correct • elegant • free

A Human Type Error

I'm implementing a bookselling website in yesod. Most of the action involves two tables in the backend database. The Book table holds information about a book such as author, title, ISBN, while the Stock table holds instances of books that we have owned. Naturally they are in a one-many relationship.

The first implementation was somewhat cobbled together, as I was trying to get the site going whilst also learning my way around yesod. Handlers would make whatever database queries they needed: the code worked, but was ugly and repetitive.

On the second go around, I realised that most of the database interaction could be abstracted into a group of function that return an Item. An Item consists of a line from the Book table, and optionally a line from the Stock table (including its unique identifier, hence what persistent calls an Entity Stock):

type Item :: (Book, Maybe (Entity Stock))

A type class method itemize allows us to turn various things -- an existing Book row, an existing Stock row, or a String holding a unique key -- into an Item. Except these can all fail in various ways, so the various instances of itemize actually return (in the yesod Handler monad) a Maybe Item. Here's part of the most important instance:

instance Itemize Book where
  itemize = itemBook

itemBook :: Session -> Book -> Handler (Maybe Item)
itemBook session book =
    stkRaw <- runDB $ selectList ...
    if not $ null stkRaw
      then return $ Just $ (book, Just $ head stkRaw)
      else do
        if quickNonCore then return $ Just (book, Nothing)
          else ...

Whilst implementing this, I ran into a nasty bug, of a sort that is rare in Haskell programs, as the type system normally catches such problems. Fortunately it didn't take me very long to track it down. The cause? In itemBook above, I initially had this line:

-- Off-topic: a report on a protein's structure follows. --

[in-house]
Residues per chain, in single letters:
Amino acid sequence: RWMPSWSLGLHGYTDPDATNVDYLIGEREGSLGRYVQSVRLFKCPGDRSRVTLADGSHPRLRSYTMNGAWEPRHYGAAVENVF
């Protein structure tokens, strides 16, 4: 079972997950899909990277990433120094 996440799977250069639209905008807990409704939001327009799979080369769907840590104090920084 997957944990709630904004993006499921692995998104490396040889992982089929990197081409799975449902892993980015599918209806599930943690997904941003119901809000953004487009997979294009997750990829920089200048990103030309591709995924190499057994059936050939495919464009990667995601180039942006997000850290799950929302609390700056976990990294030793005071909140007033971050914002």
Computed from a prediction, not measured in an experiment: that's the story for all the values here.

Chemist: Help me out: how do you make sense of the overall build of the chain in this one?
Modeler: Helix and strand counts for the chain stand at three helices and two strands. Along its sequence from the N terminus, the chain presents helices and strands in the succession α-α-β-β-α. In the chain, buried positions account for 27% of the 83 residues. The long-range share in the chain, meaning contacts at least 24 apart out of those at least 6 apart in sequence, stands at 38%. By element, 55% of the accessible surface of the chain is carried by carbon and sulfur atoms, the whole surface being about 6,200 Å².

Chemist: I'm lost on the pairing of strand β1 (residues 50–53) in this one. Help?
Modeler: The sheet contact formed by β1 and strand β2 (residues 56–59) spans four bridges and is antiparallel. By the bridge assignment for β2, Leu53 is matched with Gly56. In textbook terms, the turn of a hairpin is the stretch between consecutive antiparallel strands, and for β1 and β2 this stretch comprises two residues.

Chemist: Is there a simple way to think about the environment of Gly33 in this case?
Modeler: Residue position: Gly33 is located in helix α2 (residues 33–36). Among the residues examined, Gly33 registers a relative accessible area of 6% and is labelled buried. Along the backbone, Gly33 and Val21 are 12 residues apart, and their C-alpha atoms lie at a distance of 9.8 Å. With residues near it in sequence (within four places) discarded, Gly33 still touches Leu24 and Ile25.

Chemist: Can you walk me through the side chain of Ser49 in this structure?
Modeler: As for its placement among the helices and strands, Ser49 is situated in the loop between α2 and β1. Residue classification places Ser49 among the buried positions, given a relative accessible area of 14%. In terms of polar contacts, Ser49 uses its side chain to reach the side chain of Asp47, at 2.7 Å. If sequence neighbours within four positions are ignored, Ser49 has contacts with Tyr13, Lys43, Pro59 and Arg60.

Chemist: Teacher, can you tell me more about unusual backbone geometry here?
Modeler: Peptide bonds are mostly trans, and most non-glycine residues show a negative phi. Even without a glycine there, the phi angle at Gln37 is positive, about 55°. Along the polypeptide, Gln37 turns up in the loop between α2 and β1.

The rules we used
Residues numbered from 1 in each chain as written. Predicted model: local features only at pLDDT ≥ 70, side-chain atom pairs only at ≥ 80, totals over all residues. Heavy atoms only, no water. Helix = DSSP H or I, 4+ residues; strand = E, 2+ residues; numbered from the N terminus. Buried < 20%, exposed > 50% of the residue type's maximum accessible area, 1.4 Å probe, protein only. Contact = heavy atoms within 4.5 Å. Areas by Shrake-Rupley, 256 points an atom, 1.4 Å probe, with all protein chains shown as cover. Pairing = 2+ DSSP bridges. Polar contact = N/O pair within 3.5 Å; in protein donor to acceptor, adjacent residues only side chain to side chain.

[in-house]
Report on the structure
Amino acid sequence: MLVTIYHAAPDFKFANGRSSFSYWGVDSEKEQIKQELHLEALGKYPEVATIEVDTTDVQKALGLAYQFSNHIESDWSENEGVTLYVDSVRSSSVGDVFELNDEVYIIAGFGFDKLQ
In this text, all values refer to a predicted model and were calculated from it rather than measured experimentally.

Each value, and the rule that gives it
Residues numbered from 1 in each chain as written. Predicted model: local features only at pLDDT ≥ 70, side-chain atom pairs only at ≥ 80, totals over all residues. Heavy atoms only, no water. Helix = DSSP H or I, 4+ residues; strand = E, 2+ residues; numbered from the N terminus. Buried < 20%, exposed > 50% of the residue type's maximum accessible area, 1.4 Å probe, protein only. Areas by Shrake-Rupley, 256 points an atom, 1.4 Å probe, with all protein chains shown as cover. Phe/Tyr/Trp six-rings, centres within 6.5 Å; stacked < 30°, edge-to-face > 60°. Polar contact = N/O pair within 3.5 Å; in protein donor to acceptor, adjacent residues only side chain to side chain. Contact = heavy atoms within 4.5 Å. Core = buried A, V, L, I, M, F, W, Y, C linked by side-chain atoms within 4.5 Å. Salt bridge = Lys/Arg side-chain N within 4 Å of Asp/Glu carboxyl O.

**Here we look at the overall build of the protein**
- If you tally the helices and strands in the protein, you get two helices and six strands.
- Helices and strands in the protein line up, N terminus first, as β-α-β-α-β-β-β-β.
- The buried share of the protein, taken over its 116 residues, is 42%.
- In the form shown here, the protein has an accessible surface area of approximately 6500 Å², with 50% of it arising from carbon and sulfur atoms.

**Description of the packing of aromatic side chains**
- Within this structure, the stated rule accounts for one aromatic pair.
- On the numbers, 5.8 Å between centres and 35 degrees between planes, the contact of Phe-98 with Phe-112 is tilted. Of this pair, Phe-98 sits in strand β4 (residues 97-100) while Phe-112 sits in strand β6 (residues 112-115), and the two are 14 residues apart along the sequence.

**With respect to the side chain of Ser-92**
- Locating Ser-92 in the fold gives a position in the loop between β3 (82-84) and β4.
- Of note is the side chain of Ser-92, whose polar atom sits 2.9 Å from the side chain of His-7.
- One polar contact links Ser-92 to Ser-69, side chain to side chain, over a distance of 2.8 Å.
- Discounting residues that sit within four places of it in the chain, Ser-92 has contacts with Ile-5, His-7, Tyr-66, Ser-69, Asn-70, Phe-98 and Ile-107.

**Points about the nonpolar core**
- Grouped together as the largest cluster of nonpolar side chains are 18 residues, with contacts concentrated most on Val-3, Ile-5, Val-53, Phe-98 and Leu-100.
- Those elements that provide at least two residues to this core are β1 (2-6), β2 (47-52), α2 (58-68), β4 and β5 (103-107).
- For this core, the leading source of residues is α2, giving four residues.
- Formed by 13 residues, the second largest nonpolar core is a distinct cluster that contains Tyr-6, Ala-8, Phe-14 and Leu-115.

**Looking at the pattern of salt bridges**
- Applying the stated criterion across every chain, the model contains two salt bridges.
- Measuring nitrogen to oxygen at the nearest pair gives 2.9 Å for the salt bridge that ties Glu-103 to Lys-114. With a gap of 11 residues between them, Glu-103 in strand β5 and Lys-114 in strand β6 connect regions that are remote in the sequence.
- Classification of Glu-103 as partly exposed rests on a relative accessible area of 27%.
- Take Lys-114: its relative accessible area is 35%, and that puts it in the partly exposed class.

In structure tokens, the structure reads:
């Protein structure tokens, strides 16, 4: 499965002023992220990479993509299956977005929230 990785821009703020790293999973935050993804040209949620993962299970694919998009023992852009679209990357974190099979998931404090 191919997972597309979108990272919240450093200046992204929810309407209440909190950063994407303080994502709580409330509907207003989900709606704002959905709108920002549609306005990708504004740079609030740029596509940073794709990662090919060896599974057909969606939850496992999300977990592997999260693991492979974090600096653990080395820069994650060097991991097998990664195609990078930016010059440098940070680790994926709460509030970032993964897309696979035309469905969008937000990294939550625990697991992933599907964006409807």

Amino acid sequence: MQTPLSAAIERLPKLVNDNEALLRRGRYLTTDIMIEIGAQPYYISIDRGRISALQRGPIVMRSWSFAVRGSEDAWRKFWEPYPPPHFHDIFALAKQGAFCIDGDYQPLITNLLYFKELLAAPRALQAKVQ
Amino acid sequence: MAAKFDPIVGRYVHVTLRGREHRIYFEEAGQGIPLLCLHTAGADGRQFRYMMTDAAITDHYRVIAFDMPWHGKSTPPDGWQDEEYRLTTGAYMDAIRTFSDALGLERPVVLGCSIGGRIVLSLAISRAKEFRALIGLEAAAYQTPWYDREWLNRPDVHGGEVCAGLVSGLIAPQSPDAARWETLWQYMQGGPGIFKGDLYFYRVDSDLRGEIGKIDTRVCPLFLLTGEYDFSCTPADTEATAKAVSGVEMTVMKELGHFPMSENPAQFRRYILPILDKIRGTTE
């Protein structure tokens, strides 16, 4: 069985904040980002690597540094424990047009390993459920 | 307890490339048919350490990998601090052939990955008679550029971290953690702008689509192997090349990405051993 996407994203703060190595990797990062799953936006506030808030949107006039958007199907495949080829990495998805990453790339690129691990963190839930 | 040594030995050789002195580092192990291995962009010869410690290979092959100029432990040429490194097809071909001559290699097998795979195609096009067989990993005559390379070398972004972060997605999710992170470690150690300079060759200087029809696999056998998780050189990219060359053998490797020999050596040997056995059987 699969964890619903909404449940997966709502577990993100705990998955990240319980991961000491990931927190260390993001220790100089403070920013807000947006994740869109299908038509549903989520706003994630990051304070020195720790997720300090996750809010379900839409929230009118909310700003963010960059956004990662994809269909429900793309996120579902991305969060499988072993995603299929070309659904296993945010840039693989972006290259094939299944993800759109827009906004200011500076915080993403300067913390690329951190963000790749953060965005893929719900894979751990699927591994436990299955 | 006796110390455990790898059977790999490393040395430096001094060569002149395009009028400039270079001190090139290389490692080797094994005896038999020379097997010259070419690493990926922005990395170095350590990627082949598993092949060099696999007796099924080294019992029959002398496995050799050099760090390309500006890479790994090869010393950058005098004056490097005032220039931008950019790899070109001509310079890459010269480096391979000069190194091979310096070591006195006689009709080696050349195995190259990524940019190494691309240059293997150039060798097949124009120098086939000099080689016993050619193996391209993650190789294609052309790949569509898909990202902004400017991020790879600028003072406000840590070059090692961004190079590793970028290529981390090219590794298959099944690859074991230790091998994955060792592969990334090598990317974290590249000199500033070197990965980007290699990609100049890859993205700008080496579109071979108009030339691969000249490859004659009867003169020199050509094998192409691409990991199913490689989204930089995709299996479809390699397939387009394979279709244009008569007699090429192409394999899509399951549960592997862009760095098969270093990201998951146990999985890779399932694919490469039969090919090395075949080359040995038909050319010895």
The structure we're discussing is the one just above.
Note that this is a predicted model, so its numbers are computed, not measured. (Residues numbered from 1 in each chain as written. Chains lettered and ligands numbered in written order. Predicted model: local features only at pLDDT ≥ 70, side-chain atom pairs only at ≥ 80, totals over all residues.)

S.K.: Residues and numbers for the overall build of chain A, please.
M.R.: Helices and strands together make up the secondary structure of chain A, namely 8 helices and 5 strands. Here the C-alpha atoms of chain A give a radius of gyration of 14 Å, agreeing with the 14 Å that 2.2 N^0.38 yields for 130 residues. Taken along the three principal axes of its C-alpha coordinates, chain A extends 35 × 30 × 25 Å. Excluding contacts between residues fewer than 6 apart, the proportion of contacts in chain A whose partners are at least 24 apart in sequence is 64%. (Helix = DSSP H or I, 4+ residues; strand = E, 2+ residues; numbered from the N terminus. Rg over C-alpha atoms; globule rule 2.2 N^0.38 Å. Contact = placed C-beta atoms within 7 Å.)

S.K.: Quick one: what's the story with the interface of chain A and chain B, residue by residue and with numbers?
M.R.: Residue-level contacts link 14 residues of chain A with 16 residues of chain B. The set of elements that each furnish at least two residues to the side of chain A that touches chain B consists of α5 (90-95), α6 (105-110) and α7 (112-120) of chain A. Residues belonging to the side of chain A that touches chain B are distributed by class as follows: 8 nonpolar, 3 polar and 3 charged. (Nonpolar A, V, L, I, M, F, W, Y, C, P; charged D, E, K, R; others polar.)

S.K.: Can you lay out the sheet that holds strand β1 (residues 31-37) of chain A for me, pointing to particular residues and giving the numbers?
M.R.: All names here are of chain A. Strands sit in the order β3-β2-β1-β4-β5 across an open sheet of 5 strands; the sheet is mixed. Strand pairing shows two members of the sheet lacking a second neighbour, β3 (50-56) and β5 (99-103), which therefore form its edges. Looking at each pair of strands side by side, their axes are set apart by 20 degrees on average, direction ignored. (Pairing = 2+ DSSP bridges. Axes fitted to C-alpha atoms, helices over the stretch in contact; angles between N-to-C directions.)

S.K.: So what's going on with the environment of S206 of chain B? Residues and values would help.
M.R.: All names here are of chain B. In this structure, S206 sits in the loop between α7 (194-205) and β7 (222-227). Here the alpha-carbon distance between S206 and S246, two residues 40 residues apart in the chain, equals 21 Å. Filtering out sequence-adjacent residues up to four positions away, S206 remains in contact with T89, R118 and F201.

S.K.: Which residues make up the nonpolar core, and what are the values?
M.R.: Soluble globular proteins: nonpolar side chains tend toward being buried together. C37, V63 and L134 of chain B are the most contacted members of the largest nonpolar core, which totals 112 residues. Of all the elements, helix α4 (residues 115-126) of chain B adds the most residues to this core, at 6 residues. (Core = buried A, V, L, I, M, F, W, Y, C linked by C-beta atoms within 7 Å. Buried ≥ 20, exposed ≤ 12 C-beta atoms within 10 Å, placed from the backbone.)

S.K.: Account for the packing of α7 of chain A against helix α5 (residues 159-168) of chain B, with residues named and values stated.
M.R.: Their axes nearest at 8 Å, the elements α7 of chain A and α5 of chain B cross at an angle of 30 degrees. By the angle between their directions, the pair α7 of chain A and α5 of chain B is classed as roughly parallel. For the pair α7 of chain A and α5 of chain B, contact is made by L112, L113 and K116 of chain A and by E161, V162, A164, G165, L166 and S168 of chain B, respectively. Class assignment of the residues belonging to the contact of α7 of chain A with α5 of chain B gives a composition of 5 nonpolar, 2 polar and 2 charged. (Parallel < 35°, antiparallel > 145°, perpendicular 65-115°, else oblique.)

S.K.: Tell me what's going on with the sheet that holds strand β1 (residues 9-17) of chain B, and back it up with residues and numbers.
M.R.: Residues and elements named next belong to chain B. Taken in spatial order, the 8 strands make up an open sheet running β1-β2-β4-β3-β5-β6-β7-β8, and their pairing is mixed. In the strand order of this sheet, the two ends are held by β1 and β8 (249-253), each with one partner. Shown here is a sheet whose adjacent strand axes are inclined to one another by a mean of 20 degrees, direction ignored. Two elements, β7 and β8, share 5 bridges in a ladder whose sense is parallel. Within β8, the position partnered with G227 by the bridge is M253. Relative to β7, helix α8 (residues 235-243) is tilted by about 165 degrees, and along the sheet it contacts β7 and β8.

if quickNonCore then return Nothing

You can see the problem. At a quick glance the line looks ok, and the type system is perfectly happy with it. I fixed the problem, and got on with other stuff.

But on reflection, I realised a couple of things. First, I think those nested Maybe types should have set alarm bells ringing. A problem like this was just waiting to happen.

Secondly, there are much better ways to express this in Haskell. Rather than Maybe Item, I could use this type:

data Item = Nonesuch Text | Available Book (Entity Stock)
              | Unavailable Book Text

Not only does this fix the nested Maybe problem, it gives space for adding reasons why a book doesn't exist, or is unavailable (the Text elements). And in general, it's much more Haskellier.

I suspect the conclusion is a simple one: if you have nested Maybes, there's probably a better way to do it!